Question 1: Do you say hello and good-bye to each child and family member everyday? What message do you think your hellos and good-byes (or lack of them) send?
Answer 1: As a future educator, saying hello and good-bye to each child and their families is essentially for everyday. When you greet the families and they are entering and even speak when they are leaving, it sends the message that you are acknowledging their presents within the classroom community. When families feel welcome within the classroom, this sends the message that their child’s learning and development is a priority because creating a connection with them and those who are close to them is a priority. This also leads into creating a connection with those who are within the classroom in order to get a better understanding of each child’s background. When you have a better understanding of the child and their background through connections made with the family, then you have a better idea of how to engage and develop the child’s education overall.
Question 2: What do you think about a child who cries a lot when his parents say good-bye? How does his crying make you feel? Do you feel differently about a child who never cries at drop-off time?
Answer 2: When a child cries a lot when their parents say good-bye could mean several things to me overall. When a child cries at departure, the children then this could mean that their child has separation issues and they do not want to be far from their parent figure. This could also mean that the child is not comfortable within the environment that they are in or the child could be having a bad day overall. When a child cries at drop off, this does not necessarily mean that the child hates being dropped off, they could just be having a bad morning or even be upset from some other unrelated matter. When a child never cries at drop off, I do not necessarily feel differently. No matter how the child comes into my classroom, my goal is to make sure that they are in a safe, developmentally appropriate, environment that caters to each child’s individual learning needs.
Question 3: What might explain some parents’ attempts to leave without saying good-bye? What are they feeling? How do you feel when parents leave that way? How do the children feel?
Answer 3: There is a few different reasons as why a parent might leave the classroom without saying goodbye to the child. One might be the fact that they are sad themselves or even scared of seeing their child leave them so soon. When parents leave “too soon” I never overthink it because parents are human too, sometimes they forget things, they have a lot on their mind, they might be sad to see their baby go and think that the sooner they leave the easier it will be. Depending on the child, the child might feel okay with the parent leaving because they know that they are in a safe space and environment. Some children might be sad or cry because they feel that they might have been abandoned, which in this case is the educators job to reassure the child and make sure they know that their parents are coming back for them later or even distract the child with different activities to get their mind off of it.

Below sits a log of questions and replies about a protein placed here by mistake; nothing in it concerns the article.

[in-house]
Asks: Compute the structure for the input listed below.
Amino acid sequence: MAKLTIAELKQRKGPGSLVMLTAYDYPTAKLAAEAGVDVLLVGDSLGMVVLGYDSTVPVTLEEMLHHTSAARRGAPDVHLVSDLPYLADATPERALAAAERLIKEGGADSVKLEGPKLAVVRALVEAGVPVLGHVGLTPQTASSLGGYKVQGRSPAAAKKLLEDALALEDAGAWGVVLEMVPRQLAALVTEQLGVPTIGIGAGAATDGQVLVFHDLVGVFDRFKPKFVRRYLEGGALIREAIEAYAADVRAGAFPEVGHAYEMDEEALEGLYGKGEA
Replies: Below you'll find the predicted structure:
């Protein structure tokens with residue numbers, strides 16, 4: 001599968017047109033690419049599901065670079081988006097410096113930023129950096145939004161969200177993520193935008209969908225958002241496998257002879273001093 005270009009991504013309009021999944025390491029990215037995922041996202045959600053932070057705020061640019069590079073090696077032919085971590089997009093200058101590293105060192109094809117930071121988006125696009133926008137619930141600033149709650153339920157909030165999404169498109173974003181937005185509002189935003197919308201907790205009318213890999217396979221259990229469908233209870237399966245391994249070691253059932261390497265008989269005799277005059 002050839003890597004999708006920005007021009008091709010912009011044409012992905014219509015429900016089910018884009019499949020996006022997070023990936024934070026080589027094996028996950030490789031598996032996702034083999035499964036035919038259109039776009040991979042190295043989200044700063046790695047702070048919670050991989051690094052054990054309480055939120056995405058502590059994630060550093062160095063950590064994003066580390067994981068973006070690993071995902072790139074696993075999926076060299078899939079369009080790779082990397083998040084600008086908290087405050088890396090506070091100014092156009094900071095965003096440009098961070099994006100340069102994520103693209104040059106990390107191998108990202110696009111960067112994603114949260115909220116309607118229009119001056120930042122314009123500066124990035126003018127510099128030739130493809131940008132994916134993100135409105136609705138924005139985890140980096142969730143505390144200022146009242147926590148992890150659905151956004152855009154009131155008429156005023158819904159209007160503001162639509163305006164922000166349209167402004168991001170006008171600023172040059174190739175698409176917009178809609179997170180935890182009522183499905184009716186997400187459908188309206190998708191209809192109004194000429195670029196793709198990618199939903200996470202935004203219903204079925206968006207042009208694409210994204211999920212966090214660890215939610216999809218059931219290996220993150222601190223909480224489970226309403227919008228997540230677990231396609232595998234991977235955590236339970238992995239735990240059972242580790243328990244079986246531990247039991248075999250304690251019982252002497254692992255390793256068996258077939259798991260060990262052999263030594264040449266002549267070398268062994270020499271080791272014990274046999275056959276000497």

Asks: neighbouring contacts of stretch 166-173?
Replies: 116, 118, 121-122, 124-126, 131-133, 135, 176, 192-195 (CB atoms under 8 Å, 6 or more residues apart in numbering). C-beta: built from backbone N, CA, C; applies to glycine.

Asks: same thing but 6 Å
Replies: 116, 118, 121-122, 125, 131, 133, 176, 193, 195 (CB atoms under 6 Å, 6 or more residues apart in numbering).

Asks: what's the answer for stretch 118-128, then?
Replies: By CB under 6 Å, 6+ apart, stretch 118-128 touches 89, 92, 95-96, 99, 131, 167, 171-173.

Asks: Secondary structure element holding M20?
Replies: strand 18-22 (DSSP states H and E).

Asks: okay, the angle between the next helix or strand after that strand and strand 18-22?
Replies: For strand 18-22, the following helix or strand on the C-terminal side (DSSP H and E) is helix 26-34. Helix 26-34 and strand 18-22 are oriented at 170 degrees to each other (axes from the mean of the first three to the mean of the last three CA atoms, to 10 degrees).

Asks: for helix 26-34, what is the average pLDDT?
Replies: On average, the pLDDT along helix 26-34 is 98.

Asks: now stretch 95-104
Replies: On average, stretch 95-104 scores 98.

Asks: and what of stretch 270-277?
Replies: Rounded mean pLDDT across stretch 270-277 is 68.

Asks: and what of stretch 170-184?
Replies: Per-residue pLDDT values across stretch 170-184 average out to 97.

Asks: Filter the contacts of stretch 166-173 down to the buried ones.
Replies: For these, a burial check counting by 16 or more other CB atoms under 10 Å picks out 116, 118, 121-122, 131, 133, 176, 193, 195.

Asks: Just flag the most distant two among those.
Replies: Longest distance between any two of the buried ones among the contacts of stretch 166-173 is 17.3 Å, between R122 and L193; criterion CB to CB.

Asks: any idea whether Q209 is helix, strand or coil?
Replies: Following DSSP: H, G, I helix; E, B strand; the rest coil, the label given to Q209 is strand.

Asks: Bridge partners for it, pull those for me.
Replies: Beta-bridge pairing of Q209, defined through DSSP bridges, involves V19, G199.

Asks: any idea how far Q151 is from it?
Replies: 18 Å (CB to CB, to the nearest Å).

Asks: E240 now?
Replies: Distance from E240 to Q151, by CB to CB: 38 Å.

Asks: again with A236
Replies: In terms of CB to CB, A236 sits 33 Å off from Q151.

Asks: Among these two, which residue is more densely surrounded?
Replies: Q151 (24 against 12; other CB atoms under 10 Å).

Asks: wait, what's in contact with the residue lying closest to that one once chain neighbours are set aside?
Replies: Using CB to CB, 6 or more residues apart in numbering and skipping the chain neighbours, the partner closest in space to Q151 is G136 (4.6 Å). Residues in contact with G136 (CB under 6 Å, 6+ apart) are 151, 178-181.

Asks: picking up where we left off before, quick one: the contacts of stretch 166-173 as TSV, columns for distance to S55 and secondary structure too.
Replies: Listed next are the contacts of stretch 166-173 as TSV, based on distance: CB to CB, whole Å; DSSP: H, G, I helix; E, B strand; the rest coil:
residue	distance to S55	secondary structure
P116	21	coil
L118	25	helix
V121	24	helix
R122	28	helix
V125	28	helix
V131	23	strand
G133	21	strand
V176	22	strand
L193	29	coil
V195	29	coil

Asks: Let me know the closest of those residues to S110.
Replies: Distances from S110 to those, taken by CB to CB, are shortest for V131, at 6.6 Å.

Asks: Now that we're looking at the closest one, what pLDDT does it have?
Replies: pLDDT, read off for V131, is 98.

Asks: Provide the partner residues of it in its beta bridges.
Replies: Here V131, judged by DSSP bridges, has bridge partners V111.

Question 4: How do you help parents reunite with their children at the end of the day? How does a parent feel when her child cries or keeps playing? How do you feel?
Answer 4: At the end of a very long day, when parents have arrived to pick up their child, this can be a joyful moment for most. Some parent come in and grab their child and go but with a simple transition then the child can feel content with leaving school and going home knowing they are back with their loved ones. A parent could come into the classroom and talk to the child about what they are doing in order to make some sort of connection with the child before pulling them away from any activity they may be doing. A parent might feel that their child is not interesting in them anymore or not too fascinated with the idea of coming home with them when the child does not want to leave the classroom or they might be thinking of new ideas of how they might engage with their child later on in order to get the same, if not a similar, reaction out of their child. Overall, I do not feel like the actions of the child reflects poorly on the actions of the adult or their skills of being a parent. As educators, although we are allowed a glimpse of a families’ life, we never know the full story. A parent may feel guilty because their child is having more fun at school than at home because they may be busy all the time, the story is never clear to understand therefore it is not my place to judge as an educator.